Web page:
Here’s a mistake I made. Defining an Engineering ladder for Poll Everywhere focuses the expectations around value to Poll Everywhere as a business. However, there’s implicit meaning in job titles used across the whole industry. Engineers often have preconceived notions about what it means to be a Junior or Principal. On top of this, you may end up in a situation where you level someone with a lot of industry experience but less experience in your specific business or the skills that your business values lower than they would expect.
I’d suggest that unless you’re defining levels for a very large company, that you don’t mix titles with levels.
Use existing values and performance frameworks
Our existing performance framework for the whole company was based on a few categories and the idea that there is a spectrum of expertise for the categories in every role. When making a career ladder you don’t need to reinvent performance evaluation from the ground up. In our case, we took the following outline and made it more concrete.
It’s okay to deviate from industry norms
As a small, bootstrapped start-up, we defined one area as important for growth that large companies might not value. At Engineer 3+, we decided that it’s important to the business that Engineers are capable of running a project. This includes scoping work, documenting decisions, managing the release, and critical analyses about trade-offs.
There was a good deal of push back because this is considered Project Management work. Motivated by our internal value of autonomy, I made the case that teams capable of delivering end-to-end value to our customers would lead to a better product and to more satisfied teams building the product.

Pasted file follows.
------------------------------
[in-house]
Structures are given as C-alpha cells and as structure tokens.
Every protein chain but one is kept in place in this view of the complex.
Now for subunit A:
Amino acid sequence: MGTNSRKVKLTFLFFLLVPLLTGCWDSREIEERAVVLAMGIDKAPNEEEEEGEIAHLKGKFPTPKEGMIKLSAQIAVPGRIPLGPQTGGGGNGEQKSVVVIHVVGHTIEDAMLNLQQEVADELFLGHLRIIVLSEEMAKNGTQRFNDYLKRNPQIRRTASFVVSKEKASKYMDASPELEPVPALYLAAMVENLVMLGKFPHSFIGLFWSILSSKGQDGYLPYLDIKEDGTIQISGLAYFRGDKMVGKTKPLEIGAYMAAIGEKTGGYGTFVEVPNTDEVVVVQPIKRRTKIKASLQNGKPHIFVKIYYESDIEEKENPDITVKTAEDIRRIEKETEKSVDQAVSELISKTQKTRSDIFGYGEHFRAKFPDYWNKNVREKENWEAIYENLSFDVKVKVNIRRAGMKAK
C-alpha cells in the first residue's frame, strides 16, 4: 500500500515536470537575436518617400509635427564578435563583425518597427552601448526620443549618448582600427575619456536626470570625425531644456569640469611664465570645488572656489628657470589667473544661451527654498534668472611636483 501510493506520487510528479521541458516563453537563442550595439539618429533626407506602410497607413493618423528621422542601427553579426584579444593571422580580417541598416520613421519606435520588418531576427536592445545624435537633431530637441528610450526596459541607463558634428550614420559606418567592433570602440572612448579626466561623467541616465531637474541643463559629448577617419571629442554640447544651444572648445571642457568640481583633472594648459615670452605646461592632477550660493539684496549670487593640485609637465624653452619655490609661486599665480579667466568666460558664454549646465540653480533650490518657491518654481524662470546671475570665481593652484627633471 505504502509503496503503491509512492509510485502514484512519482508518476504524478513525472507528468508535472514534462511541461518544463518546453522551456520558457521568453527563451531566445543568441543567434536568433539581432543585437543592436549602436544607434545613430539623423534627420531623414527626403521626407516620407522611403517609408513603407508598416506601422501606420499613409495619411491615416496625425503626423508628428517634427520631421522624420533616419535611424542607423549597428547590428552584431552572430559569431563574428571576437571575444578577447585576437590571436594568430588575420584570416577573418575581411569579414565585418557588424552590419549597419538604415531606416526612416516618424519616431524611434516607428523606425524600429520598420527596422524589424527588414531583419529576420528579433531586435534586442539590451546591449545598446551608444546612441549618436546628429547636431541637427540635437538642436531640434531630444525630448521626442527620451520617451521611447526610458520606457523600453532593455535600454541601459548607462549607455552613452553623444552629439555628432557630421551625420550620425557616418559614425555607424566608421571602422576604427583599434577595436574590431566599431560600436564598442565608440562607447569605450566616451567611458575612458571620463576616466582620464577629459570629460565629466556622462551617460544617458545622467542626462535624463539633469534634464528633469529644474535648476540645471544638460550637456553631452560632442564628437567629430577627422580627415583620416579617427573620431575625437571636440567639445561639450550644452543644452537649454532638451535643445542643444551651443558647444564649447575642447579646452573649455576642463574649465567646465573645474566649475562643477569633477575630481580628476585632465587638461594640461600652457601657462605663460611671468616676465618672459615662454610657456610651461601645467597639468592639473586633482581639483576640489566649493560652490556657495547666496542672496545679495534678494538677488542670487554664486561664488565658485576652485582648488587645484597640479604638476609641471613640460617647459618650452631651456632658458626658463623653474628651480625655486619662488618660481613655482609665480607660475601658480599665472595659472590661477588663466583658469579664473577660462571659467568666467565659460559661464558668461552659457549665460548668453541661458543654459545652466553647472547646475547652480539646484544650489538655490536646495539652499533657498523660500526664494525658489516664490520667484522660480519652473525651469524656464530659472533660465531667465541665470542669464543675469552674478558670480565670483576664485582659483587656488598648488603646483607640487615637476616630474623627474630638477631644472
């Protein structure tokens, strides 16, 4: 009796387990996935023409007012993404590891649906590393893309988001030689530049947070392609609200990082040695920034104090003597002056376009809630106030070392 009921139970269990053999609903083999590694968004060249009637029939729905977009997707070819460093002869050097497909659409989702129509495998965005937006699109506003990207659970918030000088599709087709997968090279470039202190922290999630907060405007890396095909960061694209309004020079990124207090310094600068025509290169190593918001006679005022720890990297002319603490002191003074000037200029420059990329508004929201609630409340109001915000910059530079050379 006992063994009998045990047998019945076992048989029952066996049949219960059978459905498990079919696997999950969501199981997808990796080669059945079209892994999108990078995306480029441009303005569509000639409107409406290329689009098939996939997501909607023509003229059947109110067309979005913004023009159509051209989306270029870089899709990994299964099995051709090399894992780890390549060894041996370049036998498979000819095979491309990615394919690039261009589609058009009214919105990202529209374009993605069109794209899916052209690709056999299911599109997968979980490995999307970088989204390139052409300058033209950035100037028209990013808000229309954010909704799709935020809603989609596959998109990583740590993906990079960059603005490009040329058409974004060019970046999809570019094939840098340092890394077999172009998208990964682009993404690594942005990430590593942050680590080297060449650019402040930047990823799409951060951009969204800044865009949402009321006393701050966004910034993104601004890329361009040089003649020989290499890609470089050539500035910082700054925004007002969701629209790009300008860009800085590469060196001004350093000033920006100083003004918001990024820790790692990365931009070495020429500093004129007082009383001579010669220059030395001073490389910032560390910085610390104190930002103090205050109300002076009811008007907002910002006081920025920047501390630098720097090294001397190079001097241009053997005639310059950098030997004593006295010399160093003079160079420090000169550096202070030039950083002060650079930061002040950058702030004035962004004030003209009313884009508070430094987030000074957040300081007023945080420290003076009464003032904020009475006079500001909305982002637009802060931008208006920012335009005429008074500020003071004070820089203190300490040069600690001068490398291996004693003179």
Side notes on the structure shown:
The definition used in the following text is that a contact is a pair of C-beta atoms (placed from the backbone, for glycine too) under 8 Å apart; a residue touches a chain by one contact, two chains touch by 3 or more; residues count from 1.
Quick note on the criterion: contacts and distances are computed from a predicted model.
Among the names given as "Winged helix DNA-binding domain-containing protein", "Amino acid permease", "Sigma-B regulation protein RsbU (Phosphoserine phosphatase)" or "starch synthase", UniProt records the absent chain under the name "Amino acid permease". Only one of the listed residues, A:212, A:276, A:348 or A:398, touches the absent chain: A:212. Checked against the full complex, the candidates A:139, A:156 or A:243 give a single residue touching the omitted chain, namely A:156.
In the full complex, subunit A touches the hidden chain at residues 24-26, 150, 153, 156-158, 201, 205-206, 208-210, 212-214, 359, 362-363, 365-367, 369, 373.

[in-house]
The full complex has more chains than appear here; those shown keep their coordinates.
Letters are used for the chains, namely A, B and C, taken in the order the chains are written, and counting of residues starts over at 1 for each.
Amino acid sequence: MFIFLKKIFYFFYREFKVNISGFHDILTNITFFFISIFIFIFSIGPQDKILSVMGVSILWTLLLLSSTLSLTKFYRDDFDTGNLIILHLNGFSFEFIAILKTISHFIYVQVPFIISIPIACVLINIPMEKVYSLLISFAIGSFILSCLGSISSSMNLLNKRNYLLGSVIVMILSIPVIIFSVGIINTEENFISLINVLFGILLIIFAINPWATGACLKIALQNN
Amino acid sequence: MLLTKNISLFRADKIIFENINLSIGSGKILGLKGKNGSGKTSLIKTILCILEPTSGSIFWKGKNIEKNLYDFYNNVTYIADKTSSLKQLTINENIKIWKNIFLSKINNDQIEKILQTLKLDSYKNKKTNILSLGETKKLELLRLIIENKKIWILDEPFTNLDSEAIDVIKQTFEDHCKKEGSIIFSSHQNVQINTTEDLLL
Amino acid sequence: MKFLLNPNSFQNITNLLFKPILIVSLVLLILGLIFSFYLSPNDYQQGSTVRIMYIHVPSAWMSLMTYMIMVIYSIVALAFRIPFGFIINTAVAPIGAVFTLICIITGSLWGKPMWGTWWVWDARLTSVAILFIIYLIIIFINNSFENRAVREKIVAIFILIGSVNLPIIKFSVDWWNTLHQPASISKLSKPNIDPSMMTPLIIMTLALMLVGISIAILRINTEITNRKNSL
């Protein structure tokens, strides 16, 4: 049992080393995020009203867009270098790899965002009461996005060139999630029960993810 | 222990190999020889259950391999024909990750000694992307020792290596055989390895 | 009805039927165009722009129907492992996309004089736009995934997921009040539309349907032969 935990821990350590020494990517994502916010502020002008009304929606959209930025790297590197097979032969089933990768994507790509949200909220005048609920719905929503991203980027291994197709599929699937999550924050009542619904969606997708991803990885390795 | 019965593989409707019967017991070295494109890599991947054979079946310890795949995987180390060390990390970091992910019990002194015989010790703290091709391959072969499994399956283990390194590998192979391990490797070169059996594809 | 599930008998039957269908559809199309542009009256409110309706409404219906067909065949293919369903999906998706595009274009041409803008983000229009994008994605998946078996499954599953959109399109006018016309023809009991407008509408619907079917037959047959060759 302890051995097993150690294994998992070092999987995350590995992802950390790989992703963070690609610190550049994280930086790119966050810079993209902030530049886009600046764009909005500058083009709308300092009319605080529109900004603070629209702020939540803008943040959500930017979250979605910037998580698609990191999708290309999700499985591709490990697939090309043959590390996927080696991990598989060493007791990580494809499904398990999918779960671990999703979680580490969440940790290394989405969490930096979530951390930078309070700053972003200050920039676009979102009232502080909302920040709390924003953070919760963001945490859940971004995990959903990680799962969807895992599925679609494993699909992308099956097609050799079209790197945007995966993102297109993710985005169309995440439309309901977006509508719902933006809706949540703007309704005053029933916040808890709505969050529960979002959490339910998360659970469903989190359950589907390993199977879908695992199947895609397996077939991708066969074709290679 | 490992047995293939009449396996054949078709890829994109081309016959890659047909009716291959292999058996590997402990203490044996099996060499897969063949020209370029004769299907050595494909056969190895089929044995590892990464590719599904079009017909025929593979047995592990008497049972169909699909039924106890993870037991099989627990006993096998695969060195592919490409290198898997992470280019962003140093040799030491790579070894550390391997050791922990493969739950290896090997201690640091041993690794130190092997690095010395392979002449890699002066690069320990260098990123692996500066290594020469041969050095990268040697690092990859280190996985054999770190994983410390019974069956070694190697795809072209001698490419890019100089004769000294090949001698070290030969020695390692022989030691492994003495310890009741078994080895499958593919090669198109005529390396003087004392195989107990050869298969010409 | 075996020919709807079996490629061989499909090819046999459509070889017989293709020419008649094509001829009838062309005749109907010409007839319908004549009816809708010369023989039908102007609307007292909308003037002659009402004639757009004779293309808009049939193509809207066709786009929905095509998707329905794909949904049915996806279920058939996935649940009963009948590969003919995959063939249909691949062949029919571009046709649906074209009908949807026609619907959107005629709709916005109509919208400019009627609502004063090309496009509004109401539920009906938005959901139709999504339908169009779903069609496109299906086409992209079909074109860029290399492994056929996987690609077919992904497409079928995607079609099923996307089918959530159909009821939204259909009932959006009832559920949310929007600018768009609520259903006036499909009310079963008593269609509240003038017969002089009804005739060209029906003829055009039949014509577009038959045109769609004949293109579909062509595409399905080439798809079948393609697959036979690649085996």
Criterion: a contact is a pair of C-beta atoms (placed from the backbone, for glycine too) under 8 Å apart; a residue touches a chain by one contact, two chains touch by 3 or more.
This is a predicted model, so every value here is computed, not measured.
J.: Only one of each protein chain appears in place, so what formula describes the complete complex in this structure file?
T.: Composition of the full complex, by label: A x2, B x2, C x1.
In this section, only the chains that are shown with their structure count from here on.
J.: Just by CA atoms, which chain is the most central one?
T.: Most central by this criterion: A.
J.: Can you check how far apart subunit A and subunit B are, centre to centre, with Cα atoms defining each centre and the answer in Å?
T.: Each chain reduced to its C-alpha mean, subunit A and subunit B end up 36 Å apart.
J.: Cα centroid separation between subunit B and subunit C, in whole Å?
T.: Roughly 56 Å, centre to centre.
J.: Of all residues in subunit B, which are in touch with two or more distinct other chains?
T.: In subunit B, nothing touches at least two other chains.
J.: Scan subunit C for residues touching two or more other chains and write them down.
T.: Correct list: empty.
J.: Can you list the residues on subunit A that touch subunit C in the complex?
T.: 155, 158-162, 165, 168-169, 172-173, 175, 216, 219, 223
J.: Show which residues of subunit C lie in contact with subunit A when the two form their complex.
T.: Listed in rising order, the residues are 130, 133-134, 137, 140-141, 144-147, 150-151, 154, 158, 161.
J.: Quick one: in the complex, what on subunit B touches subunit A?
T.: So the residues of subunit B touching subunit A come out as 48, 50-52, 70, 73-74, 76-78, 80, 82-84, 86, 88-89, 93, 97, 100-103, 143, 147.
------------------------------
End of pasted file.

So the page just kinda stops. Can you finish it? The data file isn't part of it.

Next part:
Ask the right questions
Right now I’m working on a similar career ladder for managers at Poll Everywhere and have found that a few questions lead to much higher quality feedback:
- Do these levels cover the major responsibilities of your job?
- Does the progression from one level to the next makes sense?
- Would you feel comfortable being evaluated against this ladder?
Focus on outcomes
In our communication of this progression, we focused on the impact to the business and less on the amount of effort put forth or the number of tasks completed. Unfortunately, business outcomes (think retention, upgrade rates, etc.) are much less certain than efforts (individual projects and building features).
The more autonomy and creativity you give a role, the less you can articulate “Here are the steps to take for our next big breakthrough”.
Some advice we’ve given people looking for direction is that searching for impact is hard, abstract work and to spend time looking across the organization at systemic problems and then following through with solutions that fix or improve these problems.
Apply them consistently
Ideally, one person (probably you) is involved across each of these discussions to normalize how the progression is applied.
There are going to be strong opinions because you’re codifying rules about how people’s pay is evaluated. Try to really get in your team’s shoes and understand their concerns.
Be very clear when they change
Since these levels are how people are assessed, you must be very clear about when they’ve changed and how they’ve changed.
I hope the detailed step-by-step guide to our engineering career ladder and the research that went into it helps your teams get a better idea of what great looks like at their current levels and inspires them to grow into the next.
I’m Matt ⚡, making encoro for 360° feedback. Want to help your engineers hear how they’re progressing? Give it a try for free.